Meanwhile, though, Abbas is under pressure from Fatah youth and PLO factions to increase non-violent resistance across the West Bank in order to keep the world’s attention on the newly born Palestinian entity.
Security coordination with Israel will, however, continue as before. The PA security services have not received new instructions from the political leadership, but Major General Adnan Damiri, Security Services Spokesperson points out to The Report that “the security situation in the PA after 29 November is certainly different from the day before.”
The question is will Abbas agree to resume talks with Israel? Abbas feels strong and powerful following the UN vote and, as he said prior to departing for New York, that enables him to resume talks with the Israeli government. But, as Palestinian sources note, he will expect the resumption of talks to take place with new terms of reference. The PLO wants UN resolutions 242 and 338 to be the framework for any future negotiations with Israel, rather than the Quartet’s Road Map. The Palestinians have high expectations that the new US administration will propose a new road map within the next two months.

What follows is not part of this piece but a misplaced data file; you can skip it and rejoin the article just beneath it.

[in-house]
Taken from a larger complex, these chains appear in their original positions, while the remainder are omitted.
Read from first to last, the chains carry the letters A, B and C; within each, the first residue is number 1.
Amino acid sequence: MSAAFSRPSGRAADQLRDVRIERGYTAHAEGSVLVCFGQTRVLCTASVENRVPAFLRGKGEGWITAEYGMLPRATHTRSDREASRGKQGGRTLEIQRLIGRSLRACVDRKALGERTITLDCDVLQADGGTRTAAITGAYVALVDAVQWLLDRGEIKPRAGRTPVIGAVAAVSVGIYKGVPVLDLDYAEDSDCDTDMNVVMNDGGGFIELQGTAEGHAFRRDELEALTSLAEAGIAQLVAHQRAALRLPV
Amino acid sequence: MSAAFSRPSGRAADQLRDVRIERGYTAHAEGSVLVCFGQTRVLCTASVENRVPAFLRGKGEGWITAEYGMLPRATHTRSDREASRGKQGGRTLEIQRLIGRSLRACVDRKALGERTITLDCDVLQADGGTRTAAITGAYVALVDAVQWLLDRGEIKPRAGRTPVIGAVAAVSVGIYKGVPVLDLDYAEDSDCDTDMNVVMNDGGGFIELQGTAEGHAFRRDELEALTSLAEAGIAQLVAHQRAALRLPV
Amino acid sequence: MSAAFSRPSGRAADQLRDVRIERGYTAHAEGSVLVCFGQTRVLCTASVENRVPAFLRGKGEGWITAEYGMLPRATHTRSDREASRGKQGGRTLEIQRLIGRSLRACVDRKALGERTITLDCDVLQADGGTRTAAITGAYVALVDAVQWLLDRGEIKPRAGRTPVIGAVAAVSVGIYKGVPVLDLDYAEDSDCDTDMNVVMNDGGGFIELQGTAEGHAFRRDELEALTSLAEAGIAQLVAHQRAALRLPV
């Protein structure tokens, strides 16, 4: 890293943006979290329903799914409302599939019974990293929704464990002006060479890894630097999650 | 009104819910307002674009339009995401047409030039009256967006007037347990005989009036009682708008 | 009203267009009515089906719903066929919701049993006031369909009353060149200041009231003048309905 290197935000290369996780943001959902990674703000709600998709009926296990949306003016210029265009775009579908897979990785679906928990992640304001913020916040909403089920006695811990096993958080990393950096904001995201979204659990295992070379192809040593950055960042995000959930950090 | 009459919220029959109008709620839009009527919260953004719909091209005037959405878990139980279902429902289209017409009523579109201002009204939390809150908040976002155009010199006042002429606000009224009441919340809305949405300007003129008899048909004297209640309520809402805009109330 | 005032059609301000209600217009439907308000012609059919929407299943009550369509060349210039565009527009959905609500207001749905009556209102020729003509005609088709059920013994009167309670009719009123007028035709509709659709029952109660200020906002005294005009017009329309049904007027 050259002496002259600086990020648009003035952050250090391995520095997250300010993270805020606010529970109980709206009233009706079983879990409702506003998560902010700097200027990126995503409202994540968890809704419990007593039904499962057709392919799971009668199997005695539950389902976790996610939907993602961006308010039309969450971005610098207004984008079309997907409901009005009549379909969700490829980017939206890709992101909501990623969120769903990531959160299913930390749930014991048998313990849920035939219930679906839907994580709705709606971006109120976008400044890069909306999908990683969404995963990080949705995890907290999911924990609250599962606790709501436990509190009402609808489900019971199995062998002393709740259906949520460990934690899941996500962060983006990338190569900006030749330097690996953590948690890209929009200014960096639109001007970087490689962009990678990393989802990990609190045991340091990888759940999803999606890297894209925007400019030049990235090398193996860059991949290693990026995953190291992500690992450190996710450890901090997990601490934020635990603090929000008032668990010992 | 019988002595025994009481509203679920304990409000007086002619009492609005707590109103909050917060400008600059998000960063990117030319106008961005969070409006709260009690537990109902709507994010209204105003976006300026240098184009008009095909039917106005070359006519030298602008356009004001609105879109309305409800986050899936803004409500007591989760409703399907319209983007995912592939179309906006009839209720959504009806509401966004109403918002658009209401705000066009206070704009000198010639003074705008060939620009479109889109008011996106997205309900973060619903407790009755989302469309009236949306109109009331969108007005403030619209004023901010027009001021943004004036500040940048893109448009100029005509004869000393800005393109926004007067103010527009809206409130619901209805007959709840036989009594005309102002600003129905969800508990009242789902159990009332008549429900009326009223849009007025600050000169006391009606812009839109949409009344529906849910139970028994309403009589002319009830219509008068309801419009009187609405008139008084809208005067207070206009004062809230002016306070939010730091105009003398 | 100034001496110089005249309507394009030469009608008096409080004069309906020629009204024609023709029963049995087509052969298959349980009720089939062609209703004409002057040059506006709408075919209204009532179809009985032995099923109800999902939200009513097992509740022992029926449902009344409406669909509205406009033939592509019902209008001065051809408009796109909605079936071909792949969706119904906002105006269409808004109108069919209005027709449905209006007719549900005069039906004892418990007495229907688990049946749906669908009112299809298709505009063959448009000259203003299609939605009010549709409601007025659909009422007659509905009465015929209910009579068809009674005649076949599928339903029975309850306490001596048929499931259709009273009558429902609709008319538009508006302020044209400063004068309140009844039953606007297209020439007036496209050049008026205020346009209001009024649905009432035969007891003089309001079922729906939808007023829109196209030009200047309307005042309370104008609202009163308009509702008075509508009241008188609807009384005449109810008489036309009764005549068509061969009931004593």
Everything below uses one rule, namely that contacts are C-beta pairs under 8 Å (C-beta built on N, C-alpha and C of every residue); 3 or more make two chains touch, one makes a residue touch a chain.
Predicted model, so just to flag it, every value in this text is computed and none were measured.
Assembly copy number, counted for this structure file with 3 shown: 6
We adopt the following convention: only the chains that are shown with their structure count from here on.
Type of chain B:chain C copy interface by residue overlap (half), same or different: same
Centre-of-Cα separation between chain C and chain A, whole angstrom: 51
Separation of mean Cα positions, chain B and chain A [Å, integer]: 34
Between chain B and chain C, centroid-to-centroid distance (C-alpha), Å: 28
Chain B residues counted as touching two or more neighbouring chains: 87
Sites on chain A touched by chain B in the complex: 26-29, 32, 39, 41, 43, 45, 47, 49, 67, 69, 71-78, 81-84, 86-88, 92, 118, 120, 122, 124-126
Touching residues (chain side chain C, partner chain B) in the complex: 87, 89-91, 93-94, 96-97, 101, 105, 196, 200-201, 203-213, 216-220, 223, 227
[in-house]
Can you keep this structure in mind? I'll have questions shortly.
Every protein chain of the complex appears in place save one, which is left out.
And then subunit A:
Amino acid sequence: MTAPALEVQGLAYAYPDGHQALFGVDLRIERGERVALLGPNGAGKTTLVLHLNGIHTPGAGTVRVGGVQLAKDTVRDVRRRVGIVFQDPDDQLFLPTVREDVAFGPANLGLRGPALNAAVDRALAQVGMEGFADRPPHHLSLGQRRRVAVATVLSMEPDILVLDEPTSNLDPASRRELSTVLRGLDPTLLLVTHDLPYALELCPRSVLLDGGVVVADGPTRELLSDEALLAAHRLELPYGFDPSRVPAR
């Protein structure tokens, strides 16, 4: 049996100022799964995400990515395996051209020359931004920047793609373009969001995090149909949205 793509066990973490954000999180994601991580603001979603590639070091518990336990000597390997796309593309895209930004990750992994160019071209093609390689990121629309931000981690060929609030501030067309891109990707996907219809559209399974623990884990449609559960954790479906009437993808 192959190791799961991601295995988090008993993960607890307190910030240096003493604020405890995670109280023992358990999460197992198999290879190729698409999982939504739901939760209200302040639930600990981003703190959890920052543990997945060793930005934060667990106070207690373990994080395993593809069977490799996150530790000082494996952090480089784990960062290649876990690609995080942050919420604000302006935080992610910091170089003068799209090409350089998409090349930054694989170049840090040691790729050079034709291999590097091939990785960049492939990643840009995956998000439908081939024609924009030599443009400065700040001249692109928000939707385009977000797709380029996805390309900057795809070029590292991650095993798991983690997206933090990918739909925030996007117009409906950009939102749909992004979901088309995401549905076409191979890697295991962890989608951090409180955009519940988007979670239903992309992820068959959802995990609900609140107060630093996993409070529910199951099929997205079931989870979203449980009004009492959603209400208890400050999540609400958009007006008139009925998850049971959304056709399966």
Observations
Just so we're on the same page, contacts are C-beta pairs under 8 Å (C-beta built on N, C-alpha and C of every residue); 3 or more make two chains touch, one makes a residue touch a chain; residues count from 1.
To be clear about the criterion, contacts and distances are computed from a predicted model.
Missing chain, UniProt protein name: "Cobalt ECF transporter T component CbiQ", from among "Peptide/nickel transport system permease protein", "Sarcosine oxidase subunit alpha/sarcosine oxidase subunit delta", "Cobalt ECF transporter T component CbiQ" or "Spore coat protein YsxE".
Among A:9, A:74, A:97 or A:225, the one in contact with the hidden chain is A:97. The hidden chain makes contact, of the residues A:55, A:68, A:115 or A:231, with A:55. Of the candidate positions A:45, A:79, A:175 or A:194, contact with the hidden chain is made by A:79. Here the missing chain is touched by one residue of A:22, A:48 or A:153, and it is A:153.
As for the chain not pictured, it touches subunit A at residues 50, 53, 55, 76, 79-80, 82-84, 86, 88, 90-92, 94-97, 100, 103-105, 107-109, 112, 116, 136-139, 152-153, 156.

The Palestinians feel boosted by the reaction to Israel’s announcement following the UN vote that it would build some 3,600 housing units in East Jerusalem and advance building plans in the crucial E-1 corridor connecting Ma’aleh Adumim to Jerusalem. “The anti- Palestinian camp in Europe has collapsed and now the EU is reviewing its attitude toward the Palestinians,” says Sabri Saidem, an adviser to Abbas.
Yet on the ground even the PA expects little to change for the moment. “The most important matter for us now is how to put into practice our sovereignty over our land. However, as long as we live under the occupation, it will be difficult to practice such sovereignty,” a senior security official tells The Report.